Published: 11th May 2021
What The FAQ: What can we expect in the COVID-19 third wave? Who are most at risk?
When COVID first came to India, only the elderly or senior citizens were alerted along with people with severe respiratory trouble and comorbidities. A lot has changed since then
As India is still reeling under the second wave of COVID-19, experts say that a third wave is imminent and it might strike us in October this year. Recently, the Supreme Court of India also warned the Modi government of the third wave and advised the government to be prepared. The court suggested that it is pertinent that the government create a buffer stock to prevent any panic among the public which might worsen the situation. They should have a pan-India approach, said the apex court. but what do we really know about the third wave so far?
Is it 'inevitable'?
Dr K Vijay Raghavan, the principal scientific advisor to the central government said that it is "inevitable" that India will see a third wave too after the deadly second wave blows over. He was addressing a press conference on India's current COVID-19 situation. Dr Raghavan said that it cant be said when the third wave will come or how bad it would be but given the fact that we are detecting new variants every other day, we should be ready for it, "We can't predict the timing, but it seems inevitable. We must prepare ourselves and be ready for it."
When will the third wave come?
The Principal Scientific Advisor might not have an inkling but the researchers from IIT Kanpur have an estimation. Based on their mathematical model, they predicted that India may face the third wave of COVID-19 infections in October. However, the impact of this third wave cannot be predicted. The IIT Kanpur researchers said that they study they have conducted and the mathematical model formula has led them to believe that the COVID-19 situation in Maharashtra has already peaked and will start declining while Uttar Pradesh, Delhi, Gujarat and West Bengal at their peak right now and will start coming down soon.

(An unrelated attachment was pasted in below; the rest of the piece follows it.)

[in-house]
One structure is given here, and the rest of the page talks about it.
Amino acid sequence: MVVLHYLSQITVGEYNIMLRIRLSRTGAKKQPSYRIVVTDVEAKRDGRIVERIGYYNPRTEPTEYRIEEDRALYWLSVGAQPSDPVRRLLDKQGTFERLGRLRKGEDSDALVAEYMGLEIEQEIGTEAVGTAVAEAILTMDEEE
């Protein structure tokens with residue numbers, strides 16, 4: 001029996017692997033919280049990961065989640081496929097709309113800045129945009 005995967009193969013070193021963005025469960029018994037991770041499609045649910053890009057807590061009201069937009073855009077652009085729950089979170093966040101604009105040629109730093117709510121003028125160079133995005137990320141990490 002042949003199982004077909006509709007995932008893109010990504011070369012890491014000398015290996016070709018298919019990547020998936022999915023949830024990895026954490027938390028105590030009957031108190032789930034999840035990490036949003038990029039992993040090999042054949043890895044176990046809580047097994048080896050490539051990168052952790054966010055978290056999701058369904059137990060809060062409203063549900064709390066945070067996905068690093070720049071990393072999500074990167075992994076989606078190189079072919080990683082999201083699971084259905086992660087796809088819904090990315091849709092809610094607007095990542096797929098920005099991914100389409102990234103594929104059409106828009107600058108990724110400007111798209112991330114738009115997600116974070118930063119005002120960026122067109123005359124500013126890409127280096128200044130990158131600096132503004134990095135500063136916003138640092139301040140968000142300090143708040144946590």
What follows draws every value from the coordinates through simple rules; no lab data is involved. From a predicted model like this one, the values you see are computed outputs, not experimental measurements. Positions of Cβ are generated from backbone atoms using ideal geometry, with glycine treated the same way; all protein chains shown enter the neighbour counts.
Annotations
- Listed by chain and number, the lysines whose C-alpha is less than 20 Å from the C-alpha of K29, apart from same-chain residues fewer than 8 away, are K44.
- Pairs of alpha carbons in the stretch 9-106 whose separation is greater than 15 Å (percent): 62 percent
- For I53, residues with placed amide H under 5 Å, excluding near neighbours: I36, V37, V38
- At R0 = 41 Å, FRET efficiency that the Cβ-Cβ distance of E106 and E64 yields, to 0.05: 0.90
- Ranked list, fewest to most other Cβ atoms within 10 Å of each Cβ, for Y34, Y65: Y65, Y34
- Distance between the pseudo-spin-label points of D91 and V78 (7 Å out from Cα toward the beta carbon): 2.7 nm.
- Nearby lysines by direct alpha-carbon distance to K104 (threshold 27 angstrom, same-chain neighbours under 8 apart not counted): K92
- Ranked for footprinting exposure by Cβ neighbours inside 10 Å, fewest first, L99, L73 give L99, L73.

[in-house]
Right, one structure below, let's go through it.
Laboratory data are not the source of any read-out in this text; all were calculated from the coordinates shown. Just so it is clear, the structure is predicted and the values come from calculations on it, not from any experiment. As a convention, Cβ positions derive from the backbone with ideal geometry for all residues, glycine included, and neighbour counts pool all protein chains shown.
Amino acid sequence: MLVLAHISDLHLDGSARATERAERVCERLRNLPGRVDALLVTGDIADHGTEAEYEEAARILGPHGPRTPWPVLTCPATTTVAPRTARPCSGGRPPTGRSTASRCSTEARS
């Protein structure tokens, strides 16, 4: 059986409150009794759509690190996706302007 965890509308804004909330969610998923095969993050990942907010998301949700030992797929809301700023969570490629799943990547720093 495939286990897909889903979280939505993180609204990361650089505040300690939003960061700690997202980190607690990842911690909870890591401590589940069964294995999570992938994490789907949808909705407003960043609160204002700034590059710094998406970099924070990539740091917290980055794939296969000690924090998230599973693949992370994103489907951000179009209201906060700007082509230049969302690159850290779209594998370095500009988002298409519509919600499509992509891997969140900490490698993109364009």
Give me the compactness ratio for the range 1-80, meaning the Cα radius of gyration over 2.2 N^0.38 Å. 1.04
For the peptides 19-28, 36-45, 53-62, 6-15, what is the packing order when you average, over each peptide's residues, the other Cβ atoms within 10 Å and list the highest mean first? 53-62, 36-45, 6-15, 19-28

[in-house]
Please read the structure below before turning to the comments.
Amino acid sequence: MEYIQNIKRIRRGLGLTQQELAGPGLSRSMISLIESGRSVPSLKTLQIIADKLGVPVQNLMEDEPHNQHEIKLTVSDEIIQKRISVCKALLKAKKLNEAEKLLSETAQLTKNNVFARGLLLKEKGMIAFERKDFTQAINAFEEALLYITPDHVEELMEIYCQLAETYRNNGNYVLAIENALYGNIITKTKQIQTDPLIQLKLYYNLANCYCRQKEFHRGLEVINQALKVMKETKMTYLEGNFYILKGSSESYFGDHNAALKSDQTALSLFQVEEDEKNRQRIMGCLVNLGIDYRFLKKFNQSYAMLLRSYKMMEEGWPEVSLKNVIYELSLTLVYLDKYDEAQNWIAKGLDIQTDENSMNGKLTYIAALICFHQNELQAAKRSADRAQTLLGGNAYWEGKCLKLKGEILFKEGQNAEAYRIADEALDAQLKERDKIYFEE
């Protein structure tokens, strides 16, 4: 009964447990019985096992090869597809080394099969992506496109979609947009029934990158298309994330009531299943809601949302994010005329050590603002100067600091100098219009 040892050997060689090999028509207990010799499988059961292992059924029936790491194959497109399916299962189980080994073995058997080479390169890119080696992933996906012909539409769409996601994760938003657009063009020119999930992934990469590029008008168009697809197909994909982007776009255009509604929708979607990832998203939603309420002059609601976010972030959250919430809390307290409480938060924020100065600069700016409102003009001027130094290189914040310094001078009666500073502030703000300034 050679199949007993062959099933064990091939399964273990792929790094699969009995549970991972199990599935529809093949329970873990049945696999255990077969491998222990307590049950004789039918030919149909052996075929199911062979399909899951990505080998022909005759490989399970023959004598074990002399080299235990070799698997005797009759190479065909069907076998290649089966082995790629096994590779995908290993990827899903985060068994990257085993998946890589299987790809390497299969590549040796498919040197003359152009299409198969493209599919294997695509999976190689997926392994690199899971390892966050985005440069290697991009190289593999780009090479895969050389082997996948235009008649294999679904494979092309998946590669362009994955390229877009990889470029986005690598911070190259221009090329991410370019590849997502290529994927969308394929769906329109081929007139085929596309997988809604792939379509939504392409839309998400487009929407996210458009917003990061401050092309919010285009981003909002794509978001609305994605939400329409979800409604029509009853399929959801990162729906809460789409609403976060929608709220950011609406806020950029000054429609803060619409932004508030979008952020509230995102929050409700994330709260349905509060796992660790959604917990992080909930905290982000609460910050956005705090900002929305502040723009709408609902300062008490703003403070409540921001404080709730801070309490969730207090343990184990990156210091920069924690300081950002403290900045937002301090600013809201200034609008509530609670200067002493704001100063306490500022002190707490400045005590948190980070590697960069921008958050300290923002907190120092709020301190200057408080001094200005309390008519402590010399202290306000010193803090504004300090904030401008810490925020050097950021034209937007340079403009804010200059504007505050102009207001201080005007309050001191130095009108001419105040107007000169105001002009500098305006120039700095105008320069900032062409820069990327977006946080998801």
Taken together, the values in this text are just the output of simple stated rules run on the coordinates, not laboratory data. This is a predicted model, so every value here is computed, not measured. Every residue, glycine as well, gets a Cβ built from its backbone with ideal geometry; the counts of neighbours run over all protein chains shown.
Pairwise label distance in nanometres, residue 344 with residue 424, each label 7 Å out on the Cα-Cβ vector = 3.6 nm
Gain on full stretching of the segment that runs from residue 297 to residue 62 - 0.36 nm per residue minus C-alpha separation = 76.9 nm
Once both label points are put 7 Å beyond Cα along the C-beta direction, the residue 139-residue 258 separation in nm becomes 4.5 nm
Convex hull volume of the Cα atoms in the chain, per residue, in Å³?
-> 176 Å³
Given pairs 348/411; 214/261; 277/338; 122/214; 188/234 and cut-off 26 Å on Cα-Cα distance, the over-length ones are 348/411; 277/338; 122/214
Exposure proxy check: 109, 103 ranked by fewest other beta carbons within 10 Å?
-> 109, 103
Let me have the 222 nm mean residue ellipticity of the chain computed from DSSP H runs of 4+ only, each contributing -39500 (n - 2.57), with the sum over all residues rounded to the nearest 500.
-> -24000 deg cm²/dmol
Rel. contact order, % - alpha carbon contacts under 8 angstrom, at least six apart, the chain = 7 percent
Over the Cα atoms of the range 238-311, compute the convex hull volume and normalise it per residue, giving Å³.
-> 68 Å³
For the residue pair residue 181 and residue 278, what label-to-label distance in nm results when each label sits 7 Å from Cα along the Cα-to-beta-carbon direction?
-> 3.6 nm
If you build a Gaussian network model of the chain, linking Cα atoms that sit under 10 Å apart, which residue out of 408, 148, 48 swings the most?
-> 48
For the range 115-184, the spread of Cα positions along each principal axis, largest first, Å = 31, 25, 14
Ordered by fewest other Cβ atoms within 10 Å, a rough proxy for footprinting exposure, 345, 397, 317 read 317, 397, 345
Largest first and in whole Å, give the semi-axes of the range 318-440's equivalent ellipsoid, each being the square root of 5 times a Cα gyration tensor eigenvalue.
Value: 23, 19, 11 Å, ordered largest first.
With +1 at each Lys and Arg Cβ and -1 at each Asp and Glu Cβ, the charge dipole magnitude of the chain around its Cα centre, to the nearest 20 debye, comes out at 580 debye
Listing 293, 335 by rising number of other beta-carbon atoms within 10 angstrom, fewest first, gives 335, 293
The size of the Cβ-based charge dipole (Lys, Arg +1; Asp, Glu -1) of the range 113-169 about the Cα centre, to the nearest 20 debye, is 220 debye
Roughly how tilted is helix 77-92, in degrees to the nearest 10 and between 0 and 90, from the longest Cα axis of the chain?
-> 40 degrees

Who are more at risk?
When COVID first came to India, only the elderly or senior citizens were alerted along with people with severe respiratory trouble and comorbidities. A lot has changed in the past year and a half. Now, newborns and children are also being affected and this is a serious problem for the health department. They are not just super-spreaders anymore. They are being counted in the patients' lists as well. The mucormycosis fungal infection or the black fungus is also one reason for that.
Should big functions be stopped completely?
IIT Kanpur professor, Dr Maninder Agarwal, told the media that he believes that it might not have a correlation as Maharashtra and Delhi are the worst off now and both these places had no rallies and no Kumbh.
According to the IIT study, Uttar Pradesh may report upto 35,000 cases, Delhi upto 30,000 cases, 11,000 in West Bengal, 10,000 in Rajasthan and 9000 in Bihar when they are at their respective peaks.